about

Leander Heldring is a Postdoctoral Fellow at briq. He obtained his PhD at the University of Oxford. Leander is interested in economic development, economic history and political economy, with a focus on the role of politics and government in the development process. He has worked on the role of the government in the organization of the massacres in the Rwandan genocide, on colonialism, and has studied large scale land reform in England.

working papers

We examine the long-run economic impact of the Dissolution of the English monasteries in 1535, which is plausibly linked to the commercialization of agriculture and the location of the Industrial Revolution. Using monastic income at the parish level as our explanatory variable, we show that parishes which the Dissolution impacted more had more textile mills and employed a greater share of population outside agriculture, had more gentry and agricultural patent holders, and were more likely to be enclosed. Our results extend Tawney’s famous "rise of the gentry" thesis by linking social change to the Industrial Revolution.

This paper shows that contemporary patterns of violence can be traced back to the establishment of
the precolonial state. Rwandan villages that were brought under centralized rule one century earlier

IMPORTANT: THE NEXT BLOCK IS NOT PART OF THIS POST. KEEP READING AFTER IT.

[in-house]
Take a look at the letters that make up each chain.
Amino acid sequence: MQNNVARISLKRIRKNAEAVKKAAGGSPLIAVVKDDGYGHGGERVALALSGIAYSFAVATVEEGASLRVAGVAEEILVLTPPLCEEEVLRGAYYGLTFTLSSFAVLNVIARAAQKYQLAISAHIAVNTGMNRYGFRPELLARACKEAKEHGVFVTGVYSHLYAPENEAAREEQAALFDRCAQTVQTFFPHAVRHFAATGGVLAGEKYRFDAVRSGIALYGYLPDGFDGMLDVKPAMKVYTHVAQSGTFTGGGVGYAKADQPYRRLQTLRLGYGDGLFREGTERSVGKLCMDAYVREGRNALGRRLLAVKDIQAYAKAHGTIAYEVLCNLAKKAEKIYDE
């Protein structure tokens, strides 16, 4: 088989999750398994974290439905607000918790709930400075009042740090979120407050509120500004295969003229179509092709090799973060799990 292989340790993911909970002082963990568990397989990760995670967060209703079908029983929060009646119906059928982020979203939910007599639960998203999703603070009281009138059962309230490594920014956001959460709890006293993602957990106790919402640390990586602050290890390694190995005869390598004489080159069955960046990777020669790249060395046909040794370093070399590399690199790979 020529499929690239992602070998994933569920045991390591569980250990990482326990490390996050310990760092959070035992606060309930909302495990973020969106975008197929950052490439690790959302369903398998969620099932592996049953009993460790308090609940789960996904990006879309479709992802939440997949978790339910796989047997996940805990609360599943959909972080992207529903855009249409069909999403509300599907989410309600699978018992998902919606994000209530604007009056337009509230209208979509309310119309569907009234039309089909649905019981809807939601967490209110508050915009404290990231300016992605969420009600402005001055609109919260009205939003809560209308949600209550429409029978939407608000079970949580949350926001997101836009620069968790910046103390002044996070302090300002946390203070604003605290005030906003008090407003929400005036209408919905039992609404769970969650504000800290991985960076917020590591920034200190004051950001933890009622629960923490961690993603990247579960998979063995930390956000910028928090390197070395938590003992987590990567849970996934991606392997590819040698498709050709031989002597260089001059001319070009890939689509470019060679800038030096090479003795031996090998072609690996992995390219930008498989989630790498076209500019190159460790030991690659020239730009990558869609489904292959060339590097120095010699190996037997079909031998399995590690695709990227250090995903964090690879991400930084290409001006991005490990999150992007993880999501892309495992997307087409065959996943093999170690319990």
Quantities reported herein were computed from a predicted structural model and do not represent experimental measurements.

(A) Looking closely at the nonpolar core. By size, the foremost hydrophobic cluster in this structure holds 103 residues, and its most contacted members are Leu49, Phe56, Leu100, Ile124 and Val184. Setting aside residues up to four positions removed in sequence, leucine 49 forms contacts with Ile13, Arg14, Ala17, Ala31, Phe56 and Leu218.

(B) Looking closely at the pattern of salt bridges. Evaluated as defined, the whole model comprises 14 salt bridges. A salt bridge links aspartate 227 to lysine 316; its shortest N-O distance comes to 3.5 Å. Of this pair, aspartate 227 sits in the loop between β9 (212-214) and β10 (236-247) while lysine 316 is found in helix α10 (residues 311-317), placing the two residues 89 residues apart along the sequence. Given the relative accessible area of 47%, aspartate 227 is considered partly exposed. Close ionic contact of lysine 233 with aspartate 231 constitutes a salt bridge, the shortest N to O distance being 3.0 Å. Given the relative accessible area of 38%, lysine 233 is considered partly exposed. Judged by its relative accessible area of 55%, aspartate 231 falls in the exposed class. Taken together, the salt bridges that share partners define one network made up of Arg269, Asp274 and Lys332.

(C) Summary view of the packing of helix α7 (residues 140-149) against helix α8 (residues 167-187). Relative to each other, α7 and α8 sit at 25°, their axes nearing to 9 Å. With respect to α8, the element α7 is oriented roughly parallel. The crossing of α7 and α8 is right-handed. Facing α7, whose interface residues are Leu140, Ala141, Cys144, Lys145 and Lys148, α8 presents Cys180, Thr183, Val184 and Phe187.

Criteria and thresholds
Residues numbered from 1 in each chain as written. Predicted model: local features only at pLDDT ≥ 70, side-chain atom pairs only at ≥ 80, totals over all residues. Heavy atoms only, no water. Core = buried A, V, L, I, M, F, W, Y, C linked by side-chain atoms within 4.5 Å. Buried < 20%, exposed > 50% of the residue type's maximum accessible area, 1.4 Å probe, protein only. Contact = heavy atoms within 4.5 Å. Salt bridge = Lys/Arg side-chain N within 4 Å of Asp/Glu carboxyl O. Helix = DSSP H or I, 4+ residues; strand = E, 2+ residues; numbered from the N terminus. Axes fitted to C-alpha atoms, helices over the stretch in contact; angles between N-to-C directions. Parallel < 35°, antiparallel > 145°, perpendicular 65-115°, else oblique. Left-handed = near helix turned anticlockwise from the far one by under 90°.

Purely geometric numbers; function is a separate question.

experience a doubling of violence during the state-organized 1994 genocide. Instrumental variable estimates
exploiting differences in proximity to Nyanza – an early capital – suggest these effects are causal.
In other periods, when the state pursued peace and rebuilding, with longer state presence, violence is
lower. Using data from several sources, including a lab-in-the-field experiment, I show that exposure
to state institutions impacted civil society, and in particular culturally transmitted norms of obedience
to political authority. In a lab setting today, individuals close to an abandoned border of the historical
state are more likely to follow an unenforced rule than individuals just across the border. The state’s impact
on rule following led to more violence when the Rwandan government mobilized for mass killing
and to less violence when the government pursued peace and rebuilding. These results suggest that the
interaction of government policy with deep-rooted aspects of civil society has the potential to reconcile
long-run persistence with rapid economic change.